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A cuboid is composed by $81 \times 125 \times 128 $ cubes. How many cubes are crossed by a (main) diagonal of the cuboid?

(note: I chose the numbers for the sides so that the case of the diagonal passing through a vertex of an inner cube is not possible)

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Suppose we

move along the diagonal, parameterizing our movement by a number t that runs from 0 at one corner to 1 at the opposite corner.

Then

we enter a new cube every time one of 81t, 125t, 128t crosses an integer. These all happen at different times except that at the very start (t=0) all three happen together but we are entering only a single cube.

So the total number of cubes is

81+125+128-2 = 332.

Here's another way of saying it that some may find more congenial:

Consider the planes, parallel to the sides of the cuboid, that divide it into those cubes. As we travel from one corner to the other, we enter a new cube every time we cross one of those planes. There are 80+124+127=331 planes in all; plus the one cube in which we start, for a total of 332 cubes.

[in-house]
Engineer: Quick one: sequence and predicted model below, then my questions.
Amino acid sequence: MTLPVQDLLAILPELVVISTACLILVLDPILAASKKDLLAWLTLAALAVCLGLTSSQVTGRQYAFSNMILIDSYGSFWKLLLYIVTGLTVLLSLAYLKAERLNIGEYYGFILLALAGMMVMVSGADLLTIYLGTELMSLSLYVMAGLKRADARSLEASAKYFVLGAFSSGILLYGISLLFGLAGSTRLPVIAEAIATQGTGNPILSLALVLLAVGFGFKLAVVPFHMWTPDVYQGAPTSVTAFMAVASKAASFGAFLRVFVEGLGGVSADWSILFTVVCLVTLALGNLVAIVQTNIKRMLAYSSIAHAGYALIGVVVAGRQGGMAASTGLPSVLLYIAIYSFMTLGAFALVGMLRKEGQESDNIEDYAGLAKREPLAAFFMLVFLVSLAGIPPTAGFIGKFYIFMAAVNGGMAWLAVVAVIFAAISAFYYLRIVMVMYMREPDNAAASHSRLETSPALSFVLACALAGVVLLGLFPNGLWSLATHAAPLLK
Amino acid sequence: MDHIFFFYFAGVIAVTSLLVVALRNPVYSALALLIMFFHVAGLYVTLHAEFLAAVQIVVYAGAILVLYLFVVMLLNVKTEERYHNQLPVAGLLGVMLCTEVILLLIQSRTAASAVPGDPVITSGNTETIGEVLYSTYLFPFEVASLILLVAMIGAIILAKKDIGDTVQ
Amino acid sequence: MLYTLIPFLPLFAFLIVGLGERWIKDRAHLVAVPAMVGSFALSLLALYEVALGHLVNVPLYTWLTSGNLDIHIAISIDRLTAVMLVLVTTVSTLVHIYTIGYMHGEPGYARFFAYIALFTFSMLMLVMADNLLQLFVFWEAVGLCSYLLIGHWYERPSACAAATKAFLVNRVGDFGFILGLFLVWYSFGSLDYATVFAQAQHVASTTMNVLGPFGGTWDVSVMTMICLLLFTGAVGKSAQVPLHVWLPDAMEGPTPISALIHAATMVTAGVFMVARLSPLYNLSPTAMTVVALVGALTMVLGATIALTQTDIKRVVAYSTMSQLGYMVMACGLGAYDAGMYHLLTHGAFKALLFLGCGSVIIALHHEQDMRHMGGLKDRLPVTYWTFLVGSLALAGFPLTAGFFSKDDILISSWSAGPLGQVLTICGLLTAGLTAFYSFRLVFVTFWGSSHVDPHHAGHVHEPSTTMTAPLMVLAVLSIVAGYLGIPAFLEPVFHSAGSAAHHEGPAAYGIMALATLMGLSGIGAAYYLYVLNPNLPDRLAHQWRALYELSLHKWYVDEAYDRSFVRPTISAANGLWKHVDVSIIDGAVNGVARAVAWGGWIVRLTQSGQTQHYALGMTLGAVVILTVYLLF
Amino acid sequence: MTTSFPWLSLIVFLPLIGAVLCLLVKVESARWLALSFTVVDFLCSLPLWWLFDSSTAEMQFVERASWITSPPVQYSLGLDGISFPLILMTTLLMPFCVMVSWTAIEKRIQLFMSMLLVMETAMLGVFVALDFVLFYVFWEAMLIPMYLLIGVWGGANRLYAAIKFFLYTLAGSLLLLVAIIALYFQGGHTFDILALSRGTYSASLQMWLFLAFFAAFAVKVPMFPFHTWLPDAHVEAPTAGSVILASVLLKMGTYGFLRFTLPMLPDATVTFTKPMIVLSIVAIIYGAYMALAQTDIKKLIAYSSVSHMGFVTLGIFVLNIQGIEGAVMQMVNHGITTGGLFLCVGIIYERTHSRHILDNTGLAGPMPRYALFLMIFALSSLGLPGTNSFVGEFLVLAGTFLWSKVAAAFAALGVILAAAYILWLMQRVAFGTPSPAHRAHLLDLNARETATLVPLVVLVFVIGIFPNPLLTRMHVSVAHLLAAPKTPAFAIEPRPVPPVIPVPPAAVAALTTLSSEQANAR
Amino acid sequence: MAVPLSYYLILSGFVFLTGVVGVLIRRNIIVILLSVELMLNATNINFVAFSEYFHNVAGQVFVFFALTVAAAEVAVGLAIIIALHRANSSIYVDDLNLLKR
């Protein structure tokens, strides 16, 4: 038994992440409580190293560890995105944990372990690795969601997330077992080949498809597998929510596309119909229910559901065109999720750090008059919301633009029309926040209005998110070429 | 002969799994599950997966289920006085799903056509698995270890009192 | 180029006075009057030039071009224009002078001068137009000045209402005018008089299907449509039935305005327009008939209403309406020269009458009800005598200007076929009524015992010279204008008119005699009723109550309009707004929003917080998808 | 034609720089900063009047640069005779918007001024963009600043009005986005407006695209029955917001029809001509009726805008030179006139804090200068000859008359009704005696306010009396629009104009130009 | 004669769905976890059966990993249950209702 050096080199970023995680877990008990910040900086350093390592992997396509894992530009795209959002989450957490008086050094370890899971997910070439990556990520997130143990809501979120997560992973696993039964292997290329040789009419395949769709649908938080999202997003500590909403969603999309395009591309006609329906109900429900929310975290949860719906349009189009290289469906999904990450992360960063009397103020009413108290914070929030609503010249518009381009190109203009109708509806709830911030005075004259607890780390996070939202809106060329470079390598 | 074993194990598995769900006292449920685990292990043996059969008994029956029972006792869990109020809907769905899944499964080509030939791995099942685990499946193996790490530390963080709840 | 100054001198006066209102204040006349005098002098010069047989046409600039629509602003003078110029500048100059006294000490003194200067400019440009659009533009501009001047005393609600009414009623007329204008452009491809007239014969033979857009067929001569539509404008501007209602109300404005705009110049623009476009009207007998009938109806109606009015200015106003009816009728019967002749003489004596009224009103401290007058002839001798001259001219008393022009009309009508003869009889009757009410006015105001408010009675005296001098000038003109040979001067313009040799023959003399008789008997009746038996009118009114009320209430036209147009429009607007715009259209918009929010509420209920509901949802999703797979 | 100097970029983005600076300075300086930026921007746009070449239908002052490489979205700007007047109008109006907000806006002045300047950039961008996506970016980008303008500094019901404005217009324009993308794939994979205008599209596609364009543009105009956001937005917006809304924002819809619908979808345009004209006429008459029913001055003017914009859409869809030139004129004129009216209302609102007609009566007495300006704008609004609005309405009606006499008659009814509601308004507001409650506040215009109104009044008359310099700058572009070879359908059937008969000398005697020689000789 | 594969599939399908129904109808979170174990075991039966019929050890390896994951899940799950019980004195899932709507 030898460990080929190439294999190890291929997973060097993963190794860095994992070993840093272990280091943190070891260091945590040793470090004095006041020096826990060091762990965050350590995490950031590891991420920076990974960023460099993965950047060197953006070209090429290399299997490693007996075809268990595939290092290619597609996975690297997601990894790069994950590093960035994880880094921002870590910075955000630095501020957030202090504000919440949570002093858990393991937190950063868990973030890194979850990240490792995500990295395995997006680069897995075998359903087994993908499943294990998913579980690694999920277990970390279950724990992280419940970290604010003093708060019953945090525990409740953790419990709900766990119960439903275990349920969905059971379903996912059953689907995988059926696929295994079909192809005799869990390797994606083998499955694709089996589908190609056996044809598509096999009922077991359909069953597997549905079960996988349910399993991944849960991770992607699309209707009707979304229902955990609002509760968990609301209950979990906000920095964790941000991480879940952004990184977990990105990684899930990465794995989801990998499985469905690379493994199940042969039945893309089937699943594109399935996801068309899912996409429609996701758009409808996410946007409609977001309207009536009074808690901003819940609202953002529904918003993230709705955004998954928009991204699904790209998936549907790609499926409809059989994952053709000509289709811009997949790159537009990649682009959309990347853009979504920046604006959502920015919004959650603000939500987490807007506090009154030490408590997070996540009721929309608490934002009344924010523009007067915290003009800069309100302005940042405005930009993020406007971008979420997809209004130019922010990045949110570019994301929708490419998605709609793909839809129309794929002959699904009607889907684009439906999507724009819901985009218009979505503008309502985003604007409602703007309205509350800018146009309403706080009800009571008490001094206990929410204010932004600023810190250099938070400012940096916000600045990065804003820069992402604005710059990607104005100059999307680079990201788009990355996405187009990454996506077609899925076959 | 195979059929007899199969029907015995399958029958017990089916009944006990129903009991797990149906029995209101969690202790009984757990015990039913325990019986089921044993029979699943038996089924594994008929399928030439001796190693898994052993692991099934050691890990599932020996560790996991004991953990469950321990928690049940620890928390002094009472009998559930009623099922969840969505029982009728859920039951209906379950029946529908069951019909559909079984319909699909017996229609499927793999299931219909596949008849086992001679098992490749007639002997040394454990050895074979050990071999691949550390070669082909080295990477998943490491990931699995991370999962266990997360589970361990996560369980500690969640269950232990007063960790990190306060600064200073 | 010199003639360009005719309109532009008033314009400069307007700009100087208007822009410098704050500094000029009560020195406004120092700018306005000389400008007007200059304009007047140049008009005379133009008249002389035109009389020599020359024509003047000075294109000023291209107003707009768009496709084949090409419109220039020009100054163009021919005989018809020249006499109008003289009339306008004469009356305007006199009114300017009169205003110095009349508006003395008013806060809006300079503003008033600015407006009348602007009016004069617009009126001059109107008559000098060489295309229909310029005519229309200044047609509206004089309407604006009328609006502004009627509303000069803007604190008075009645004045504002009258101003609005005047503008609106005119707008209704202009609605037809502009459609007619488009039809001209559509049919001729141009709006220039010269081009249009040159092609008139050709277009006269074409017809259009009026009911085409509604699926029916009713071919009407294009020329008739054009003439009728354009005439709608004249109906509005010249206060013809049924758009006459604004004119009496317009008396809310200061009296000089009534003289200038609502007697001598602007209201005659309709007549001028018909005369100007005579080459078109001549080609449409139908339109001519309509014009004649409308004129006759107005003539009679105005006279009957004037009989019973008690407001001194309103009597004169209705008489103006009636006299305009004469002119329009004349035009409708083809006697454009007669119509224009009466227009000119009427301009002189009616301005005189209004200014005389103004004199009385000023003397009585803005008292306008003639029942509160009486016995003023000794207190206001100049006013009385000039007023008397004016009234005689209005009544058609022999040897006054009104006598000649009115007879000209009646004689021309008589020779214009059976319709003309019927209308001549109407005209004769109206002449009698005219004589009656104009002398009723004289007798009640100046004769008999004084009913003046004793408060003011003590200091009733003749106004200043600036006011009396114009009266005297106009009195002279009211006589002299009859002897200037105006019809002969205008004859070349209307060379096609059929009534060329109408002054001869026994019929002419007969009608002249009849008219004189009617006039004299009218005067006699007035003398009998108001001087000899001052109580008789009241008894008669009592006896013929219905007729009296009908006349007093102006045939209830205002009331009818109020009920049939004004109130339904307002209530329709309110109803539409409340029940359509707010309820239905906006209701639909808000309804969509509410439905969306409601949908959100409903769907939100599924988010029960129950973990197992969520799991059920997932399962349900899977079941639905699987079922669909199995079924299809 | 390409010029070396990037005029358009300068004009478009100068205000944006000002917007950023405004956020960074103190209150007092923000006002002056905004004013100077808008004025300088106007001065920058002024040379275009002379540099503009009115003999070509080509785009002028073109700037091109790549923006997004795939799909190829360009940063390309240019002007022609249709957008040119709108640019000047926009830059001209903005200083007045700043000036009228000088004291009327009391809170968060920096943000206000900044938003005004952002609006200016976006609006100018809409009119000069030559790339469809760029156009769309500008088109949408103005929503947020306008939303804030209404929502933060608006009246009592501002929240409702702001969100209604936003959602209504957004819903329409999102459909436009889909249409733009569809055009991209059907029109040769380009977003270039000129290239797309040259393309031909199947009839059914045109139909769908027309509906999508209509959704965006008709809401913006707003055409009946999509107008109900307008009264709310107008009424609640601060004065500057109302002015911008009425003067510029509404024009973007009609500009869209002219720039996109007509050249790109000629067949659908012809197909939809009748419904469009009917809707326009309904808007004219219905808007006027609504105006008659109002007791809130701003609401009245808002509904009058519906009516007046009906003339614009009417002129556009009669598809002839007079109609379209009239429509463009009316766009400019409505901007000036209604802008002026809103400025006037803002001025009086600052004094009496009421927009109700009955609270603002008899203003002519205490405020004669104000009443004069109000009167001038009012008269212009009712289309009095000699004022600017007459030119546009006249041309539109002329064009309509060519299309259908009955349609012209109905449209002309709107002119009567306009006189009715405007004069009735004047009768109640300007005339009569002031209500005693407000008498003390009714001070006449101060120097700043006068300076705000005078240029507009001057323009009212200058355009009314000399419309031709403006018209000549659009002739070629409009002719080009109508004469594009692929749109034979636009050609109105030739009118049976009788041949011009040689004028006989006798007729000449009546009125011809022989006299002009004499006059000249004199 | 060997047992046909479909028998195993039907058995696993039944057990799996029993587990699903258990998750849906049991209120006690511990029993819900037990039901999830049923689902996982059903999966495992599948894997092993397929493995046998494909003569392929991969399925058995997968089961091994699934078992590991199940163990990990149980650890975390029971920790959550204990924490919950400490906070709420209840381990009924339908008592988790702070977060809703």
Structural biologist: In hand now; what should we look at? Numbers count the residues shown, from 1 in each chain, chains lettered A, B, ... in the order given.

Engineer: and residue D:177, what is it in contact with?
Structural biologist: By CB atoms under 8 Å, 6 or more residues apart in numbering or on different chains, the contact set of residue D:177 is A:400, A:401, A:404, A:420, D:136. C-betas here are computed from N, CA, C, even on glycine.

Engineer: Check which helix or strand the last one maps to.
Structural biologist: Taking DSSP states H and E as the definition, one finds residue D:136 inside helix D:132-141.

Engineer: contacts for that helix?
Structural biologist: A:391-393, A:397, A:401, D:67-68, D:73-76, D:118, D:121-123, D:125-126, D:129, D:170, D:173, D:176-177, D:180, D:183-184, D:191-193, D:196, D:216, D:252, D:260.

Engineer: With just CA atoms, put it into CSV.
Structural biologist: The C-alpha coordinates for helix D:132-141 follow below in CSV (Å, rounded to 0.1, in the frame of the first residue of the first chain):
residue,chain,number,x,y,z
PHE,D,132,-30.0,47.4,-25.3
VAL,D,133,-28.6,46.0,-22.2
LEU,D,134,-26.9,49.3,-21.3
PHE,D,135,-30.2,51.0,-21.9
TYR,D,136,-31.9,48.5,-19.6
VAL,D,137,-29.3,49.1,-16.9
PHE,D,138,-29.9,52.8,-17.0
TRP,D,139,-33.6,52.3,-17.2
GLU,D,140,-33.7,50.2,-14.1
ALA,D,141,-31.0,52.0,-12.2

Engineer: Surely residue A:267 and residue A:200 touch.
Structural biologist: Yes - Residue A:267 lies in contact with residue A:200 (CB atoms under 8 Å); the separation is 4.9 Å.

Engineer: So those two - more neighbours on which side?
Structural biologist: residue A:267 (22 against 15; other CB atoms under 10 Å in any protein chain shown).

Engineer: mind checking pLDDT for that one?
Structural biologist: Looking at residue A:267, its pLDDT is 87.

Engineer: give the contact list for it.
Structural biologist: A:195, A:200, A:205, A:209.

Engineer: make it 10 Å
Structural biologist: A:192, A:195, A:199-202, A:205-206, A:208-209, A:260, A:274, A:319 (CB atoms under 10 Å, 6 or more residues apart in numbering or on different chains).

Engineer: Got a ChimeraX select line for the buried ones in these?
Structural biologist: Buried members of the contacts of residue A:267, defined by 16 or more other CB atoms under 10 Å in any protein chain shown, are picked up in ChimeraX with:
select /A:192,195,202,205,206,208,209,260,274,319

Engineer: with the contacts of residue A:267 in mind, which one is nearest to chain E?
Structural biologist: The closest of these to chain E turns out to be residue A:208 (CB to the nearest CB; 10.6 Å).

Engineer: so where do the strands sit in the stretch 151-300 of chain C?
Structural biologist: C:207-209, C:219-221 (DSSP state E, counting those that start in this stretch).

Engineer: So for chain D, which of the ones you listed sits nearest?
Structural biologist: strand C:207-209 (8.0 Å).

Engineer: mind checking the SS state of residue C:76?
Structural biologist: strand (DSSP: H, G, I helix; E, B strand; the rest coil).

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  • $\begingroup$ You have to note that $\gcd(81,125,128)=1.$ $\endgroup$ – Display name Nov 24 '18 at 1:44
  • $\begingroup$ OP already did, in effect. "note: I chose the numbers for the sides so that the case of the diagonal passing through a vertex of an inner cube is not possible". $\endgroup$ – Gareth McCaughan Nov 24 '18 at 1:56
  • $\begingroup$ And, actually, so did I: "These all happen at different times except that at the very start (t=0) all three happen together". I mean, neither OP nor I used the words "greatest common divisor", but that's what we were both referring to. Incidentally, what matters isn't quite that gcd(81,125,128)=1 but that those three numbers are pairwise coprime. $\endgroup$ – Gareth McCaughan Nov 24 '18 at 1:58

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